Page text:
Australian Broadcasting Corporation
TV PROGRAM TRANSCRIPT
Farmer on international crusade against GM crops
Reporter: Sarah Clarke
KERRY O’BRIEN: The new age of genetically modified crops is moving so fast it’s hard to keep up.
But for some Australian farmers crunch point has arrived.
Canola farmers have to make a choice between jumping on the GM bandwagon and producing higher yields, or sticking with traditional practice.
For them, the experience of Canadian grower Percy Schmeiser may have particular resonance.
He claims to have been a victim of genetic contamination and is now travelling the world to advise others to resist.
Science and environment reporter, Sarah Clarke reports.
ARTHUR BOWMAN, CANOLA FARMER: We only have one chance.
Once we go GM canola, there is no way we can go back to a free state.
SARAH CLARKE, REPORTER: Arthur Bowman has been growing canola in NSW central west for 18 years.
He’s one of many farmers who harbour reservations about the world-wide push to change to genetically modified canola.
It’s chemical giant Monsanto leading the charge in Australia.
Doing the hard-sell, vowing huge benefits to farmers.
BRIAN ARNST, SPOKESPERSON for chemical and agricultural seed giant MONSANTO: The results have been outstanding in terms of better weed control, lower costs to the farmers, better use of the environment.
SARAH CLARKE: Monsanto has spent more than five years trialling GM canola in secret plots across Australia.
Now it wants to go into full commercial production.
But wary farmers believe there should be more time for debate.
ARTHUR BOWMAN: It all seems to be Monsanto, Monsanto, Monsanto.
And we — we’re in the fortunate position we’re an island and can afford to keep out of this technology in the meantime.
And in that time, we can prove all these plus and minuses to the farmers.
SARAH CLARKE: There have already been negatives in Europe with nervous consumers abandoning GM products in favour of organic, costing Canada one-third of its exports.
PERCY SCHEMEISER, CANADIAN CANOLA FARMER: It has destroyed our market of canola in many countries of the world.
All of the European common market will not buy one bushel of canola from us.
That means 30 per cent of our exports have been lost just to Europe alone.
SARAH CLARKE: Canadian farmer, Percy Schmeiser became a GM canola producer by accident.
His crop was contaminated by pollen from a neighbouring genetically modified crop.
Any complaints he may have had were steamrolled by Monsanto, which successfully sued to seize his crop.
PERCY SCHEMEISER: I lost it all to a contamination because a judge ruled in my case it doesn’t matter how Monsanto’s genetically modified canola gets on my land or any farmers land.
You violate the pattern and you infringe on the pattern and your seed becomes Monsanto’s property.
SPEAKER: This meeting, I think is probably one of the most important meetings that’s been held in Dubbo for a long time.
SARAH CLARKE: Australian farmers are now being warned by Percy Schmeiser that they too could become victims of genetic contamination.
He claims they will be powerless to stop GM pollen being spread in a number of ways, whether it be by wind, by bees or even off the back of a truck.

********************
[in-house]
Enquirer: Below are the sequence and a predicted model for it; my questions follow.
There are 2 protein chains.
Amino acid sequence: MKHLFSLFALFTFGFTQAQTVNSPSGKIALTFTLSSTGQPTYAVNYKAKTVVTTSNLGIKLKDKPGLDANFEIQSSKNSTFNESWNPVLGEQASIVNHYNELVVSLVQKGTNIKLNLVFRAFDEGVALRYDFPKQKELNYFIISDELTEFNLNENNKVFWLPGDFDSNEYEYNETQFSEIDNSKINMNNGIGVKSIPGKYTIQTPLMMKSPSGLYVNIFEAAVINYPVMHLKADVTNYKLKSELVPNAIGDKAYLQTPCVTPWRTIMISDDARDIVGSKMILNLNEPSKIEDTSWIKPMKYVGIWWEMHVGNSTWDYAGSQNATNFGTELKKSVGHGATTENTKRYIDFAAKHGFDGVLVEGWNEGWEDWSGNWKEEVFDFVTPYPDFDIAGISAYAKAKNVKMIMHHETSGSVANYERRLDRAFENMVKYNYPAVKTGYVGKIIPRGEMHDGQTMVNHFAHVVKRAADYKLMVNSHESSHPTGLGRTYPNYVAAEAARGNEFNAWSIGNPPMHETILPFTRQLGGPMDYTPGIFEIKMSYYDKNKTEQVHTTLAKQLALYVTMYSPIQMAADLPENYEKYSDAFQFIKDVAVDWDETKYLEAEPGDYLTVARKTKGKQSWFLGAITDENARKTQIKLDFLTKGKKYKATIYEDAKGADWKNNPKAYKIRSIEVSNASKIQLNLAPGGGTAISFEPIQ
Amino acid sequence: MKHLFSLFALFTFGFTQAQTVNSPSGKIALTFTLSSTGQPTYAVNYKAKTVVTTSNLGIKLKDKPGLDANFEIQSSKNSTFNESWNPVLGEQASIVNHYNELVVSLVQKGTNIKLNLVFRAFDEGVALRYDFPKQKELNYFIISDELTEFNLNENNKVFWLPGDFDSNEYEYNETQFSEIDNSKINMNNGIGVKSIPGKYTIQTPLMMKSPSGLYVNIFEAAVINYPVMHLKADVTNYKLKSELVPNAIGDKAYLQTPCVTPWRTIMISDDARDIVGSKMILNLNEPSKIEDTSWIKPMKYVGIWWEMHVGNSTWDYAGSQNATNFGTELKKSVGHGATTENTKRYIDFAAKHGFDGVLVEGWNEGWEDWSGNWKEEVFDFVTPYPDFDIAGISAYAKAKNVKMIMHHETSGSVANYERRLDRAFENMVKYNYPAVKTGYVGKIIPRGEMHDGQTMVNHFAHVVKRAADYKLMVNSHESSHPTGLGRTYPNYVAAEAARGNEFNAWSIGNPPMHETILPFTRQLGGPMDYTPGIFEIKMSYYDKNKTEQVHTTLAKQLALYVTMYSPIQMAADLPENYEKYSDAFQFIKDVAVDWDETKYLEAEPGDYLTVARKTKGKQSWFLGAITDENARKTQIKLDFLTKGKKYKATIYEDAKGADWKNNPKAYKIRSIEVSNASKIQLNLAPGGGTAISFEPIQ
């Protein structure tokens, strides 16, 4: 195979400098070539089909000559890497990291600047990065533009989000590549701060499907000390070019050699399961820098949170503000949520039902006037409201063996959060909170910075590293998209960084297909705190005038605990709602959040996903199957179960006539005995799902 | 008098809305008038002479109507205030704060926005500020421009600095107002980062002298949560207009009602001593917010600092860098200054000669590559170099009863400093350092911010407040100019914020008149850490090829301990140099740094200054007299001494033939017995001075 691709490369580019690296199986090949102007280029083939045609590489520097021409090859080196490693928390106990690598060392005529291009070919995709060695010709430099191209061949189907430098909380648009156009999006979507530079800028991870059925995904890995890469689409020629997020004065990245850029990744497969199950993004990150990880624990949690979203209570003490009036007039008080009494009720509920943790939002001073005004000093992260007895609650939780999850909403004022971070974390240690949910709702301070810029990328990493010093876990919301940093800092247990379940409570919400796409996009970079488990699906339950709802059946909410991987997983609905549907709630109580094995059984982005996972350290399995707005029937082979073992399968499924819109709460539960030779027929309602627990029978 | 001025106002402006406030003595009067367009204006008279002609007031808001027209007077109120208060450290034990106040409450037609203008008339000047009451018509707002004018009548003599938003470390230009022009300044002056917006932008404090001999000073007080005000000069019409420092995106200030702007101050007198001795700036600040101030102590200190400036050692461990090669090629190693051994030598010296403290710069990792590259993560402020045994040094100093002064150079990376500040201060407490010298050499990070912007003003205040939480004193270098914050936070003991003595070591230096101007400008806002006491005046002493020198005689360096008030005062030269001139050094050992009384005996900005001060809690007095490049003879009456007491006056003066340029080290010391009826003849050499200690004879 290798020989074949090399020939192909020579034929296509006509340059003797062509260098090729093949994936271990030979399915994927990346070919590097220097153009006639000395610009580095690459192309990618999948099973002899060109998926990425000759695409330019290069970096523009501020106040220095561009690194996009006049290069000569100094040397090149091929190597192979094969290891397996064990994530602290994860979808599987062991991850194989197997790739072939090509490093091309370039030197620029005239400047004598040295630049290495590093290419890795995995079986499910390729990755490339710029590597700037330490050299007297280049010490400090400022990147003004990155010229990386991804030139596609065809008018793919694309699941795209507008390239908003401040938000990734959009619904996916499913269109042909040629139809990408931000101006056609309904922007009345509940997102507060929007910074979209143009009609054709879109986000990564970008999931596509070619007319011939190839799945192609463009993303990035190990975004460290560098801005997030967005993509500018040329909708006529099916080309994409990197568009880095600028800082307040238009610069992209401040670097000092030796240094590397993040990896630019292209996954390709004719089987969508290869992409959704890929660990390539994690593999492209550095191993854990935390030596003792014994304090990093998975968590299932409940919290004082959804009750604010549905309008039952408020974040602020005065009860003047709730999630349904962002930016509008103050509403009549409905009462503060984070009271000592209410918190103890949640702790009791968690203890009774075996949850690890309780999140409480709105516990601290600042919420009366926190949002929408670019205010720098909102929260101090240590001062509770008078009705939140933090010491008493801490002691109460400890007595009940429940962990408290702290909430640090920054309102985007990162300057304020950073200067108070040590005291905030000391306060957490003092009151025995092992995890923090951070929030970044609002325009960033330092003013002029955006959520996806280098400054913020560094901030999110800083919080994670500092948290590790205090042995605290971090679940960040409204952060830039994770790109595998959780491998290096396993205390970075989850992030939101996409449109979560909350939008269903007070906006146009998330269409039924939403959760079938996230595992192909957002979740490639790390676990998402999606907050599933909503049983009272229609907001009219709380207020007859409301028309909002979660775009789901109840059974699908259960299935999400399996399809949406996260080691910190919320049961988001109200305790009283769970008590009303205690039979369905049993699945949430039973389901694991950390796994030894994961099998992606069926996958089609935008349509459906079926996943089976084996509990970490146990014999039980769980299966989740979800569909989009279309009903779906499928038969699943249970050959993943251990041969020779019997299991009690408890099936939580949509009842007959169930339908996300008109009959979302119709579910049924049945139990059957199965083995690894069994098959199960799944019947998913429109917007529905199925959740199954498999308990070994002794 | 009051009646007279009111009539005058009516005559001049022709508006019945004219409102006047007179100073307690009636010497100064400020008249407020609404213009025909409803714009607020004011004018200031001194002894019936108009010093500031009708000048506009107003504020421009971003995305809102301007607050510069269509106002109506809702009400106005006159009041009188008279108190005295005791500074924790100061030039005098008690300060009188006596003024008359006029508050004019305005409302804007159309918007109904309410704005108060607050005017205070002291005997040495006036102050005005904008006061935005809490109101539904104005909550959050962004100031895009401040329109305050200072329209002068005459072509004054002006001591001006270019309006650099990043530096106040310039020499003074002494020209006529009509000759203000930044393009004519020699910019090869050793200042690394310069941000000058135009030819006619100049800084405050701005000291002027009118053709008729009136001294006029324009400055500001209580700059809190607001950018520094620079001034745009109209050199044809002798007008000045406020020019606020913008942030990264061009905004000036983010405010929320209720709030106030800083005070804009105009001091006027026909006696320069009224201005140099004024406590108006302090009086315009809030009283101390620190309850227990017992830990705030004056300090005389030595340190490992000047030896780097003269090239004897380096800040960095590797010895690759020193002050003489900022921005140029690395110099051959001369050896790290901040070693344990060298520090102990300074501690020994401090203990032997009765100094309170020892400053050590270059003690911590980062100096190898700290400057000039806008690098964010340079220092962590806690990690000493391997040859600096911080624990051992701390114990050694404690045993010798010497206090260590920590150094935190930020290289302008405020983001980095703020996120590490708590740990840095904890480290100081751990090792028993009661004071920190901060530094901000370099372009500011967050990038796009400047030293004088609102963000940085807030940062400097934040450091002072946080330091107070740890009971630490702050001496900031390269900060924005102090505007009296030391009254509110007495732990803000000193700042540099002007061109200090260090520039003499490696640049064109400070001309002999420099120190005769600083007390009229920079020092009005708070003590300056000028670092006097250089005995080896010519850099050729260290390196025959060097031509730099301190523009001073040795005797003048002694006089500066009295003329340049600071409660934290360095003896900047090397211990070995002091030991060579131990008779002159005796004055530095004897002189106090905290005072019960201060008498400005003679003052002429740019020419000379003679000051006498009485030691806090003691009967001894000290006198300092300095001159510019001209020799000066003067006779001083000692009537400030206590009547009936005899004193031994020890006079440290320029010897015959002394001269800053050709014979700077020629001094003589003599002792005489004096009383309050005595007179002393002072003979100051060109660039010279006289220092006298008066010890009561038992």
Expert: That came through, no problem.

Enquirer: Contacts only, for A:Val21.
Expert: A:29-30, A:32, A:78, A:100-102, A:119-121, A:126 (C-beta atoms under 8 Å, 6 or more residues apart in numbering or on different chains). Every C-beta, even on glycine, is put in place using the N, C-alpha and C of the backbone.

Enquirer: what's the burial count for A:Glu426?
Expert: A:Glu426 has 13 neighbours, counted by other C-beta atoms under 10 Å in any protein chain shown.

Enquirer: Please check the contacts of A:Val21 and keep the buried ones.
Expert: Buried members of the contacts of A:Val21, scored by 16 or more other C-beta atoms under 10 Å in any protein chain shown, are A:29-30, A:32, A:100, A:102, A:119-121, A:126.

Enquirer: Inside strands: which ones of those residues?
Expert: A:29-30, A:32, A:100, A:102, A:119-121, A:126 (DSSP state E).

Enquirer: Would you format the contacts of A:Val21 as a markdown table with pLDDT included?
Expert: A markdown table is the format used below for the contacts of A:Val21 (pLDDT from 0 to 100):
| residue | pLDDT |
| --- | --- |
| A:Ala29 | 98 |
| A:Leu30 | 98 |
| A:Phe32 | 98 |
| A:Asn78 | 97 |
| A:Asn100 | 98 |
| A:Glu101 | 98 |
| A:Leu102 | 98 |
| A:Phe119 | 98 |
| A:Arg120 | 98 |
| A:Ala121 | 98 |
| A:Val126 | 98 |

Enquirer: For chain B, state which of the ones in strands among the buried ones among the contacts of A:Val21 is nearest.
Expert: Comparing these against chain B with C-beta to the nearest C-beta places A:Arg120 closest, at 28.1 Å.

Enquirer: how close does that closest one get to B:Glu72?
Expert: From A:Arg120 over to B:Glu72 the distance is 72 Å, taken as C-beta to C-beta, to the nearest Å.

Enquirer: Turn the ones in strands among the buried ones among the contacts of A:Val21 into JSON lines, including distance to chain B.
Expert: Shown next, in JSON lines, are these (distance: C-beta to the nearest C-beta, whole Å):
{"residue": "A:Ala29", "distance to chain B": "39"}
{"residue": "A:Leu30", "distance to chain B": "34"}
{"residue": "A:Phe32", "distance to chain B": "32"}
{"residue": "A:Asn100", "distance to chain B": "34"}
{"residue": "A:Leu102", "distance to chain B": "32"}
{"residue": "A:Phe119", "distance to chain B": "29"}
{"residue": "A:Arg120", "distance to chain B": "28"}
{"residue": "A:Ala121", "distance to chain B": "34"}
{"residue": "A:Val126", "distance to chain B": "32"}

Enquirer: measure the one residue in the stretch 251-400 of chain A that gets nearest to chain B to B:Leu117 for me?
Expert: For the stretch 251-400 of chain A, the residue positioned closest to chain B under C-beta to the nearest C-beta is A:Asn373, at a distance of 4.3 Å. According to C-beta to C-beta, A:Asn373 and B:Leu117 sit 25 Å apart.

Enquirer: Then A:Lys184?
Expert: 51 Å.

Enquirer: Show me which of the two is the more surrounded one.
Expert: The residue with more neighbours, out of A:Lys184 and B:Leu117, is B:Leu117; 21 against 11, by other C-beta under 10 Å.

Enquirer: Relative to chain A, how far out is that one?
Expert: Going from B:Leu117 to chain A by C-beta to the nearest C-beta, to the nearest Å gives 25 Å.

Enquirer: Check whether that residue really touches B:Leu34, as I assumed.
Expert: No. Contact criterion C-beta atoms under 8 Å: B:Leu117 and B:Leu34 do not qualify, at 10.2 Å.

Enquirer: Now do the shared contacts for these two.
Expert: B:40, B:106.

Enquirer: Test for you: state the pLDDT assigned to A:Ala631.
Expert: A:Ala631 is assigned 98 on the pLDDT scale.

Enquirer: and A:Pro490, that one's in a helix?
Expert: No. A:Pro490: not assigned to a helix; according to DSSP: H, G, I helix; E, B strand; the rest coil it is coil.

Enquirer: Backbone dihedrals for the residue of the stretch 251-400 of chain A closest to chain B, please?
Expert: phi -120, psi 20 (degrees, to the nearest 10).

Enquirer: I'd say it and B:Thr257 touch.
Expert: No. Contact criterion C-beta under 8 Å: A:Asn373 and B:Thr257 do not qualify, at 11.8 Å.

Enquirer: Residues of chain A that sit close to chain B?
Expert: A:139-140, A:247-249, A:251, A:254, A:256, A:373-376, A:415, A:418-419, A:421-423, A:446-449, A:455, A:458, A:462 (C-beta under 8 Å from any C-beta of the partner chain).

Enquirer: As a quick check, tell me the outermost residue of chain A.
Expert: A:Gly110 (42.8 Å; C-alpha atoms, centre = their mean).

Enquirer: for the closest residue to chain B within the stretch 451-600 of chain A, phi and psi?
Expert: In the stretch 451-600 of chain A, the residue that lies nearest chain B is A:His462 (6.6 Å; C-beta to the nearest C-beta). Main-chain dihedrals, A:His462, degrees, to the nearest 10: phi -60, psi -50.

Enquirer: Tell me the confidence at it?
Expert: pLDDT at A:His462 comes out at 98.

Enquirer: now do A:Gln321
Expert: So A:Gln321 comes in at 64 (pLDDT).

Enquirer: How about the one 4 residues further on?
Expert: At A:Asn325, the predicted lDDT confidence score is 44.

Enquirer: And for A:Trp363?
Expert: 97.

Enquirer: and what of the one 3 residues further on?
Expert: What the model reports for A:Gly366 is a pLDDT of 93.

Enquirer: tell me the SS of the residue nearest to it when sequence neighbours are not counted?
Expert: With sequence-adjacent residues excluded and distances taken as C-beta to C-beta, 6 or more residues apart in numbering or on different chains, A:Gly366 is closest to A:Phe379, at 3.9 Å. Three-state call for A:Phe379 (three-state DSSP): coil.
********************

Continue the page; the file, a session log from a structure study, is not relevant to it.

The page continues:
That could spell disaster for those farmers who are not yet ready to embrace GM technology.
PERCY SCHEMEISER: Once you release it into the environment through cross pollination and direct seed movement, as in my case, it will contaminate organic farmers and conventional farmers because the GMO gene is a dominant gene and will take over the plant that it gets into.
So there’s no such thing and repeating, there’s no such thing as coexistence.
BRIAN ARNST: We are firmly of the belief that coexistence can occur.
I think that as we go forward, everyone will realise that in fact in a situation like Australia where our agricultural systems are somewhat different than those in Europe, for example, and the UK, that in fact growing biotech crops in coexistence with organic farming will be successful.
SARAH CLARKE: Monsanto has pinned its argument on a new study published in the prestigious ‘American Science Journal’.
While it found the pollen drift from GM canola can travel up to 3km, contamination levels were considered insignificant.
PROFESSOR RICK ROUSH, COOPERATIVE RESEARCH CENTRE FOR WEED MANAGEMENT: People don’t have to be as concerned as they might have been about the extent of pollen flow between the fields.
The organic industry will have concerns and I think it’s a matter of trying for – there’ll have to be some effort for people to work with one and other and figure out where the GM fields are going and where the organic farms are going and see if some accommodation can be met.
SARAH CLARKE: By this time next year, Monsanto could have its first commercial canola crop in the ground in Australia.
While the Federal regulator is currently assessing its application, the company is confident its track record overseas and here in Australia will get it across the line.
BRIAN ARNST: We’re confident that when we get to commercialisation in let’s say 12 months time, these systems are available, management systems for farmers to ensure that coexistence can occur.
PERCY SCHEMEISER: What does this do?
SARAH CLARKE: That is simply a pipedream according to some who have already lost out in the new age of genetically modified farming.
PERCY SCHEMEISER: I have five children and 14 grandchildren.
Do I want to leave them a legacy of land and food with poisons?
I want to leave them a legacy of land and food without poisons.
Think very serious about allowing GMOs into Australia.
There is no turning back.
BRIAN ARNST: The whole industry has to be – embrace this technology if it’s going to be successful and go forward, from food, health and safety, through to the environmental and the growing of the crops, right through to the trade.